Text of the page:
An Age Old Method

Companion planting works. We see it in effect time and time again. It is based on the needs and requirements of plants and their symbiotic relationships with other plants and insects. 

Companion Planting is a must do for any organic gardener.

It works in several ways but just offers plants a community to support one another by allowing symbiotic relationships between the plants. When creating an organic garden, we want to try as closely as possible to recreate the natural environment that mother nature intended, so it’s just a replica of this. Also, some plants have different nutritional requirements and demands on the soil, companion planting can offer benefit on many levels,

  • Environmental spacing – Take advantage of the space by planting the vegetables according the space required to grow, I.e. carrots can grow under capsicums and peppers. Also they can provide shade for plants if necessary.
  • Nutritional Requirements- Plant accordingly to the plants nutritional needs, i.e. planting nitrogen replacing beans and peas near green that use a lot of nitrogen to grow
  • Attracting predatory pests and pollinators– For example planting lady bug attracting plants such as coriander or calendula near crops that are commonly attacked by aphids, such as citrus trees or peppers.
  • Colours and smells- Interplanting pungent herbs and brightly coloured flowers can help to confuse pests, for example, plating white viola’s around your brassicas can help to reduce cabbage moth.
  • The most famous companion planting combination is “The Three Sisters” Corn, Beans and Cucumbers. The corn provides supports for the beans, which provide nitrogen for the hungry corn, and the cucumbers provide a natural much keeping the ground moist, as corn does not enjoy dry soil. Getting the idea?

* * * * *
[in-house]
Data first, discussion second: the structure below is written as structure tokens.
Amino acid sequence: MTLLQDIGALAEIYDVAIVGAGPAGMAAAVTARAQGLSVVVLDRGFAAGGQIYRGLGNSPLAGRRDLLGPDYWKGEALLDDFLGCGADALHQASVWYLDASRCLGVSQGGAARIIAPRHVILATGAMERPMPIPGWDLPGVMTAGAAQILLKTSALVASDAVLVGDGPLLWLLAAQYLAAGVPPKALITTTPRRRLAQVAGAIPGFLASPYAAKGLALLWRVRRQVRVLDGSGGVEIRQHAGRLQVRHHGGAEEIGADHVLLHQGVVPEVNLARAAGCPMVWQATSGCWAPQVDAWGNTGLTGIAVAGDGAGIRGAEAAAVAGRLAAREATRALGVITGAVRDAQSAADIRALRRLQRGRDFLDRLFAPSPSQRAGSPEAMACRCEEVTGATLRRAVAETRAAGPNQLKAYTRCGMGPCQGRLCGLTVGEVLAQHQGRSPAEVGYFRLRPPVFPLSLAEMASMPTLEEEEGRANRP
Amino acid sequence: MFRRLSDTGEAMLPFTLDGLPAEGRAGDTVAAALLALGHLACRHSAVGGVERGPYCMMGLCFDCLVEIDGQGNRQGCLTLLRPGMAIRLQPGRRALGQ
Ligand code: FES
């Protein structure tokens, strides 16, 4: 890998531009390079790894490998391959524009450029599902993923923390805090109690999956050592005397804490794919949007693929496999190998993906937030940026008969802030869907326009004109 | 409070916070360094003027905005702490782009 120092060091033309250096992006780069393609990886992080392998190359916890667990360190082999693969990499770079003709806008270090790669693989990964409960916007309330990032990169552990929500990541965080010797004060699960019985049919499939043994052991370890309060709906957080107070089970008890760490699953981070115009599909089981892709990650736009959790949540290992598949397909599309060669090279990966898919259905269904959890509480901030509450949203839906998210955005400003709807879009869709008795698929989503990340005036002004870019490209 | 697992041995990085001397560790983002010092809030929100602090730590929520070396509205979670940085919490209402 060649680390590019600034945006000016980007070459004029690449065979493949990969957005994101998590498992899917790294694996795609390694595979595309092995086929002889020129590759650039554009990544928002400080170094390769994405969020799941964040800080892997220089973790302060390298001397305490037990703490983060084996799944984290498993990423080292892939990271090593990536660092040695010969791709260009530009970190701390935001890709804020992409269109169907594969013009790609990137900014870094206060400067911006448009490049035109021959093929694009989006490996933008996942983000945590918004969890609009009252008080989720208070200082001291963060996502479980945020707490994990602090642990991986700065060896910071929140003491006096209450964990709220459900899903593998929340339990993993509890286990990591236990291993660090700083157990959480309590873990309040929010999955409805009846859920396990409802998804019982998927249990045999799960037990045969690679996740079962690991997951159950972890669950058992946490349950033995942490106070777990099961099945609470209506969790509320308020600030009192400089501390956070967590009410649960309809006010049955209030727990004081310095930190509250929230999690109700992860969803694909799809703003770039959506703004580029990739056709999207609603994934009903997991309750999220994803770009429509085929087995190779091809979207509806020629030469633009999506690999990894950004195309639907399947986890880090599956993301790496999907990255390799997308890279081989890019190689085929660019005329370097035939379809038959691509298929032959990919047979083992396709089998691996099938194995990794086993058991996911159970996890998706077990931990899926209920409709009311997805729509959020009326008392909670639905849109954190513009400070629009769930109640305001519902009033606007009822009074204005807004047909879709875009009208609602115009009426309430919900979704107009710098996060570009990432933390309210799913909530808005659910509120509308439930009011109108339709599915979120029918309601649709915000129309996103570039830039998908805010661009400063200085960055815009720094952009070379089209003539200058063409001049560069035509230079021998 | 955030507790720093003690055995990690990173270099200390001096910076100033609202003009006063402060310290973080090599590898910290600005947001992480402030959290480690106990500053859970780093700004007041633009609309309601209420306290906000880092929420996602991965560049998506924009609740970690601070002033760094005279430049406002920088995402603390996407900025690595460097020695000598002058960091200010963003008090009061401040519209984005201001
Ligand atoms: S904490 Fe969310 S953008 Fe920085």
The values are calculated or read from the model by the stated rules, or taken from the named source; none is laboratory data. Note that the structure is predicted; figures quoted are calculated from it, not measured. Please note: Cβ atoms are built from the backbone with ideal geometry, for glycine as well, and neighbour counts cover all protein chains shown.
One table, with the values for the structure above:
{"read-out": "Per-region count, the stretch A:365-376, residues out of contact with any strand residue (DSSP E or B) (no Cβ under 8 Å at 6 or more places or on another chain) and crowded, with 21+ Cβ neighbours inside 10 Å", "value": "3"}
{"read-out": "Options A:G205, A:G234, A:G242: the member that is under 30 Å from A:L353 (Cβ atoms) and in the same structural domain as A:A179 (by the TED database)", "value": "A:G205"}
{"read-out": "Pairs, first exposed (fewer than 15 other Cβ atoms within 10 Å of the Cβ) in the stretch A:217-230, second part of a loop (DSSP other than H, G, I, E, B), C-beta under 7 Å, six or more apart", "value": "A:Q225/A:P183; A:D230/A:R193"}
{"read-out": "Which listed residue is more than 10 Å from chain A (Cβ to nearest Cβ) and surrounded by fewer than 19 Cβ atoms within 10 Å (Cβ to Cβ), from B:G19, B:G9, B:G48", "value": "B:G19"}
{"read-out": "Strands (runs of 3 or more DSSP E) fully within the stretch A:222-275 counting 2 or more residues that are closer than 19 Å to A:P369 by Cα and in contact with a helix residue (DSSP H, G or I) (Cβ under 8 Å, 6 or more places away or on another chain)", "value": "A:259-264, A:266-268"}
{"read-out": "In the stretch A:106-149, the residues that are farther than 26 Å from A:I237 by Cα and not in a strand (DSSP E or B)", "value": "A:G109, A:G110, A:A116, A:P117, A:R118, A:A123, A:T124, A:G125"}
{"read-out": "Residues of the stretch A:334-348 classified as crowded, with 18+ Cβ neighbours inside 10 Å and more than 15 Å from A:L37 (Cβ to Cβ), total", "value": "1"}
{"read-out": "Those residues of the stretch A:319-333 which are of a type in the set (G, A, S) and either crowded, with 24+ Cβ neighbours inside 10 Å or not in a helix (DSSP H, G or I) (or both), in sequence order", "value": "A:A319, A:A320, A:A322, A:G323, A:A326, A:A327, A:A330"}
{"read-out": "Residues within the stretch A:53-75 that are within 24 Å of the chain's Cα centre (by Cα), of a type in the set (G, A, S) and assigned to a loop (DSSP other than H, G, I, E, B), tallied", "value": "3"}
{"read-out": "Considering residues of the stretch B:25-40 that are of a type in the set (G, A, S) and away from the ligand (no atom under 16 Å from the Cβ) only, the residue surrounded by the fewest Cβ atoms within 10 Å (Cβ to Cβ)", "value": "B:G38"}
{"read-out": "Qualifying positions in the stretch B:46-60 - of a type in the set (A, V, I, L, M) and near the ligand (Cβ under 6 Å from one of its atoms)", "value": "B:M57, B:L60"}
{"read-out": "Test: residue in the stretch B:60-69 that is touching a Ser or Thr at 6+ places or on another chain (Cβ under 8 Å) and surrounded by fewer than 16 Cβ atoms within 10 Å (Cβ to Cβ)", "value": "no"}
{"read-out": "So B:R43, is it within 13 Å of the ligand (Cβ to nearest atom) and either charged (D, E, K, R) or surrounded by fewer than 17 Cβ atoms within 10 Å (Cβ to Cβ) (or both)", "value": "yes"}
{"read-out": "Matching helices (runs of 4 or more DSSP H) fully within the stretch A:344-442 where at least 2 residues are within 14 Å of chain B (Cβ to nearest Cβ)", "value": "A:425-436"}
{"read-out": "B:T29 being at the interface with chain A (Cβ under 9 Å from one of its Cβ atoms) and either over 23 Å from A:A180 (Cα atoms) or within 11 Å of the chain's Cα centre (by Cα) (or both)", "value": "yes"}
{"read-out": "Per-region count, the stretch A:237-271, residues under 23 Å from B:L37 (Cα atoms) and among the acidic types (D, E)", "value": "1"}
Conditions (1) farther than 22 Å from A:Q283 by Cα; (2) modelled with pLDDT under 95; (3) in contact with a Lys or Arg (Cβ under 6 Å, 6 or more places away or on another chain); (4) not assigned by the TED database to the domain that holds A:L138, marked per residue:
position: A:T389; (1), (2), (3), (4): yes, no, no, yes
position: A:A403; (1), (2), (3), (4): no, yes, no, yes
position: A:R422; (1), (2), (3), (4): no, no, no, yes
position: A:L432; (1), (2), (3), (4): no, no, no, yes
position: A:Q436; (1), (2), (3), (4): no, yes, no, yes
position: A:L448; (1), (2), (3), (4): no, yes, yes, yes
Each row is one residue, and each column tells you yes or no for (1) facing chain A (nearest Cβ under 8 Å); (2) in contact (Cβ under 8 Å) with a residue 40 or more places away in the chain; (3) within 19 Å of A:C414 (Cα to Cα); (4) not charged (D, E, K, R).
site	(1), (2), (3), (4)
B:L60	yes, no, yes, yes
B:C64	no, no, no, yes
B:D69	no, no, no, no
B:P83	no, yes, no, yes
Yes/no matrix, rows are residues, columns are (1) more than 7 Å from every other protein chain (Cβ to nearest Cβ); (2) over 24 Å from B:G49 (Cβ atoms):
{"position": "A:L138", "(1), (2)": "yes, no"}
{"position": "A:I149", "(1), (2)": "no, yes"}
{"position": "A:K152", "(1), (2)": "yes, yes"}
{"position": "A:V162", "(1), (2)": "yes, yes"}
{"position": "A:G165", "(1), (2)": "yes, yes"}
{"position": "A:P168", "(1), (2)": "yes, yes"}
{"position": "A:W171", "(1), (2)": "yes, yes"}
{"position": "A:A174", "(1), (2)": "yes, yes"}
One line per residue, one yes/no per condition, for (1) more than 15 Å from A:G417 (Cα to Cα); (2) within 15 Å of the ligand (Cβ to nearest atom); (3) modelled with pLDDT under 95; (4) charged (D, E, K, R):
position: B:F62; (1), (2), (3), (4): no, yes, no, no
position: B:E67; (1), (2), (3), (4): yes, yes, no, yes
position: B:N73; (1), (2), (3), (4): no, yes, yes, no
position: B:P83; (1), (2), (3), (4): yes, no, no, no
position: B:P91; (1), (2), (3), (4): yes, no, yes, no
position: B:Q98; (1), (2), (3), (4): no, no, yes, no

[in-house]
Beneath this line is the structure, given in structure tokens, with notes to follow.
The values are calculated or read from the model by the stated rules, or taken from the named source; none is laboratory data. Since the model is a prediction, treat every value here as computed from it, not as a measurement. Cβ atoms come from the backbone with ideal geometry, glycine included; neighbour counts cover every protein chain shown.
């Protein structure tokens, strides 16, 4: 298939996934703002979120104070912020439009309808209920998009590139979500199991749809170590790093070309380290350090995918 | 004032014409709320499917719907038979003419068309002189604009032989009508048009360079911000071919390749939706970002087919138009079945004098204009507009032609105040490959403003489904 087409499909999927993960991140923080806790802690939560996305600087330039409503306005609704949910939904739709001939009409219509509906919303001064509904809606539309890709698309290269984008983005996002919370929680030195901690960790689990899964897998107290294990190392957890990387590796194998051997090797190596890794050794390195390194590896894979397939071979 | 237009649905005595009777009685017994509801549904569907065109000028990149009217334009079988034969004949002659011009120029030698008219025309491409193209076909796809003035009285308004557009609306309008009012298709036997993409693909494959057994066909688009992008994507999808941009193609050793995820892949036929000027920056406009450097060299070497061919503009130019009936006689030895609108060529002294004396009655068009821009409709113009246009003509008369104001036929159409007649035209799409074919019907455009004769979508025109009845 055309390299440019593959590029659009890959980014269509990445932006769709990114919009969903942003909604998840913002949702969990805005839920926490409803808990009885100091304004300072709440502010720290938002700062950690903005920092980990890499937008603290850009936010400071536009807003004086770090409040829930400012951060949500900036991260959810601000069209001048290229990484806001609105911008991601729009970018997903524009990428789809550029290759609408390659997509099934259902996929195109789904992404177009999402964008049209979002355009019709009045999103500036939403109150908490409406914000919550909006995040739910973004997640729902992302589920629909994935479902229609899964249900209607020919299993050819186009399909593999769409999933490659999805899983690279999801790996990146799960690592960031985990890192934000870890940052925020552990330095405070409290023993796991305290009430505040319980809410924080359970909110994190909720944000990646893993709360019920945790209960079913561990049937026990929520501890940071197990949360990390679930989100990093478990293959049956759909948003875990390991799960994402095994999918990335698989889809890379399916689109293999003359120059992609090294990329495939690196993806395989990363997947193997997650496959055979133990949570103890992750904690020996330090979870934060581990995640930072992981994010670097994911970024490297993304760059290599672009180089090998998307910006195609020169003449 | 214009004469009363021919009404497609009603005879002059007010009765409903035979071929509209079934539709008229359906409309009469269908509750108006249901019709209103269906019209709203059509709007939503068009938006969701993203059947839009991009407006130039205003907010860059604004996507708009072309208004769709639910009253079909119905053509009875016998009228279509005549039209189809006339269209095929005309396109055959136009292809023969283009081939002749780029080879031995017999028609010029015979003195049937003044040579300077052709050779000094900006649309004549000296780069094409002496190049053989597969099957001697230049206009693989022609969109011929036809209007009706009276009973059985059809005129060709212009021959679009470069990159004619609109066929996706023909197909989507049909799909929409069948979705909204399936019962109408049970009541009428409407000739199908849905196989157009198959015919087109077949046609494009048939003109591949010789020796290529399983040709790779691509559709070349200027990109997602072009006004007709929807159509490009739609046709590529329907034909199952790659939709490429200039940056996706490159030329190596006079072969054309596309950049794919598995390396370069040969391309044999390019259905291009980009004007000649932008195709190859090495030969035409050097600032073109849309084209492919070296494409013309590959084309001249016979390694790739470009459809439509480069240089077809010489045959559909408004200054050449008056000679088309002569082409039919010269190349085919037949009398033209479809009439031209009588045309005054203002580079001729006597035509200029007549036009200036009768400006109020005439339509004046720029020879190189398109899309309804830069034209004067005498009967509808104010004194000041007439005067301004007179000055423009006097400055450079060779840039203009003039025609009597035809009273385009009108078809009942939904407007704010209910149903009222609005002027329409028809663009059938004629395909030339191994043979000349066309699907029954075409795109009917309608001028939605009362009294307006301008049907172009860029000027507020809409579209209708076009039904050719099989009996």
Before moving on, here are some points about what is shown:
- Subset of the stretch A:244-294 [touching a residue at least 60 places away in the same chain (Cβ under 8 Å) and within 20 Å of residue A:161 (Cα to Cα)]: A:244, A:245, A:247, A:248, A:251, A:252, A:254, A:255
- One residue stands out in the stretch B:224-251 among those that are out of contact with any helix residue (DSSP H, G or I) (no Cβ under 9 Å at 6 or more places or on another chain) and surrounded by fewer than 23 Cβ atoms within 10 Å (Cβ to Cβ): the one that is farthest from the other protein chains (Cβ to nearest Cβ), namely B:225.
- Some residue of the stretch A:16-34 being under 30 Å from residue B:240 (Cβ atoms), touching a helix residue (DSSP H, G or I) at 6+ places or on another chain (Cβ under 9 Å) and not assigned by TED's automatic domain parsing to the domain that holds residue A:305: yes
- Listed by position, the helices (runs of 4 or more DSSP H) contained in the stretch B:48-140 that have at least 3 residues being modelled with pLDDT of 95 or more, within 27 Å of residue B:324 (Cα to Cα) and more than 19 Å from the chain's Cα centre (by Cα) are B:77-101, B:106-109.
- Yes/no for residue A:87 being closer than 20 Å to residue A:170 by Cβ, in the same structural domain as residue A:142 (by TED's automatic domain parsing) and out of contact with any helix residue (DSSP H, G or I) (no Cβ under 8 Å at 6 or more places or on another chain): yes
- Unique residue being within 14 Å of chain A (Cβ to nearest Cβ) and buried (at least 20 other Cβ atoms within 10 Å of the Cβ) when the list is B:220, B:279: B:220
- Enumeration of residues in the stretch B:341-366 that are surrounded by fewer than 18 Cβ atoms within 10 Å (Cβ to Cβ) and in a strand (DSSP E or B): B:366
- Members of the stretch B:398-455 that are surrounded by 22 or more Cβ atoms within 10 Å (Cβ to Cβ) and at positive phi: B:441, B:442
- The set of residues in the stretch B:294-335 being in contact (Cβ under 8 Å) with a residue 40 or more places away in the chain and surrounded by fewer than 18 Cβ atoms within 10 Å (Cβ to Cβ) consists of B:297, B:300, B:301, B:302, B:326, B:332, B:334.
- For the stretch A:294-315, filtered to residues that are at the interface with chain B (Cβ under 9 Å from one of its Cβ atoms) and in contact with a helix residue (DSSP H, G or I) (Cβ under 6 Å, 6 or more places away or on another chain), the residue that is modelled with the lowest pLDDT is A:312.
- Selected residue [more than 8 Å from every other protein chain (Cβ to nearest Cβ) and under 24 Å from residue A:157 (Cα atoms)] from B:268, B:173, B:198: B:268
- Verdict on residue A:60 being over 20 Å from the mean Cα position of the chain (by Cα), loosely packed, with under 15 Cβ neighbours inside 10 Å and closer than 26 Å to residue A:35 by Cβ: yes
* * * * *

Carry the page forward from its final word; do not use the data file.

If it tastes good together it will grow together

This is a good rule of thumb to go by but there are exceptions, ie: beans and onion…….

 

PLANT:COMPANION:ENEMY:ADDITIONAL INFO:
Asparagus Aster flowers, Dill, Coriander, Tomato, Parsley, Dill, Basil. Comfrey, MarigoldsAlliums, PotatoesKeep soil well fertilised
BasilTomato, Peppers, Asparagus, OreganoRue, wormwood, SageWill improve flavour and reduce pests when grown with tomatoes
Beans Any Green Leafy, Corn, Brassica, Radish, Strawberry, CucurbitsAlliumsSunflowers and corn provide growing support for beans
BeetrootLettuce, Alliums, BrassicasPole and Runner BeansAdd minerals to the soil, Compost accelerator
BrassicaViola, White flowers, Nasturtium, Dill, Sage, Alliums, CelerySolanaceae
Mustards
Strawberries
Always interplant with pungent herbs and edible flowers
CarrotsPeppers, Lettuce, AlliumsCan stunt growth of tomatoes, but peppers are okGrow from seed in loose soil for straight carrots- never plant carrot seedlings unless you want them to hug
CeleryBeans, Brassicas, Alliums, Solanaceae Corn
CucurbitsCorn, Beans, Sunflowers, Beets, Radish, Carrots, Dill, NasturtiumSage, Potatoes, RueWater early morning to reduce fungal issues
LettuceFriend to allFoe to nonePlant under taller plants in summer for shade
Parsley Asparagus, Carrot, Chives, Onions, Tomato, RosesMintSprinkle leaves on Tomato and Asparagus for protection.

Plant near roses to improve fragrance
PotatoBeans, cabbage, carrot, Celery, Corn, Onion, Marigolds, ComfreyAsparagus, Cucurbits, Root Vegetates, Sunflower, Fennel, Tomato Best grown in trench, or large pot. Soil must be kept moist
SageBrassicas, Rosemary, CarrotsCucurbits, Rue, Alliums, BasilAttractive flowers for increased pollination and predatory insects
StrawberryBeans, Lettuce, Spinach, Thyme, BorageBrassicasThere is no better flavoured strawberry than one grown next to thyme
TomatoAsparagus, Beans, Basil, Celery, Chives, Cucurbits, Lettuce, Marigold, Onion, Nasturtium PeppersCorn, Kohl Rabi, Potatoes, Brassicas

Ledged of Family Names used

  • Alliums- Garlic, Onions, Chives, Leeks
  • Brassicas- Broccoli, Kale, Cabbage, Cauliflower
  • Cucurbit- Melon, Cucumber, Pumpkin, Watermelon
  • Solanaceae- Tomato, Peppers, Eggplant

Our vegetable gardens:

In all of the vegetable gardens we set up we use companion planting. By interplanting with pungent herbs and edible flowers you can create a healthier eco system and reduce pest and disease issues. If you would like to get help setting up your own organic vegetable garden or if you would like us to take care of the dirty work for you please get in touch with us today!

Comments are closed.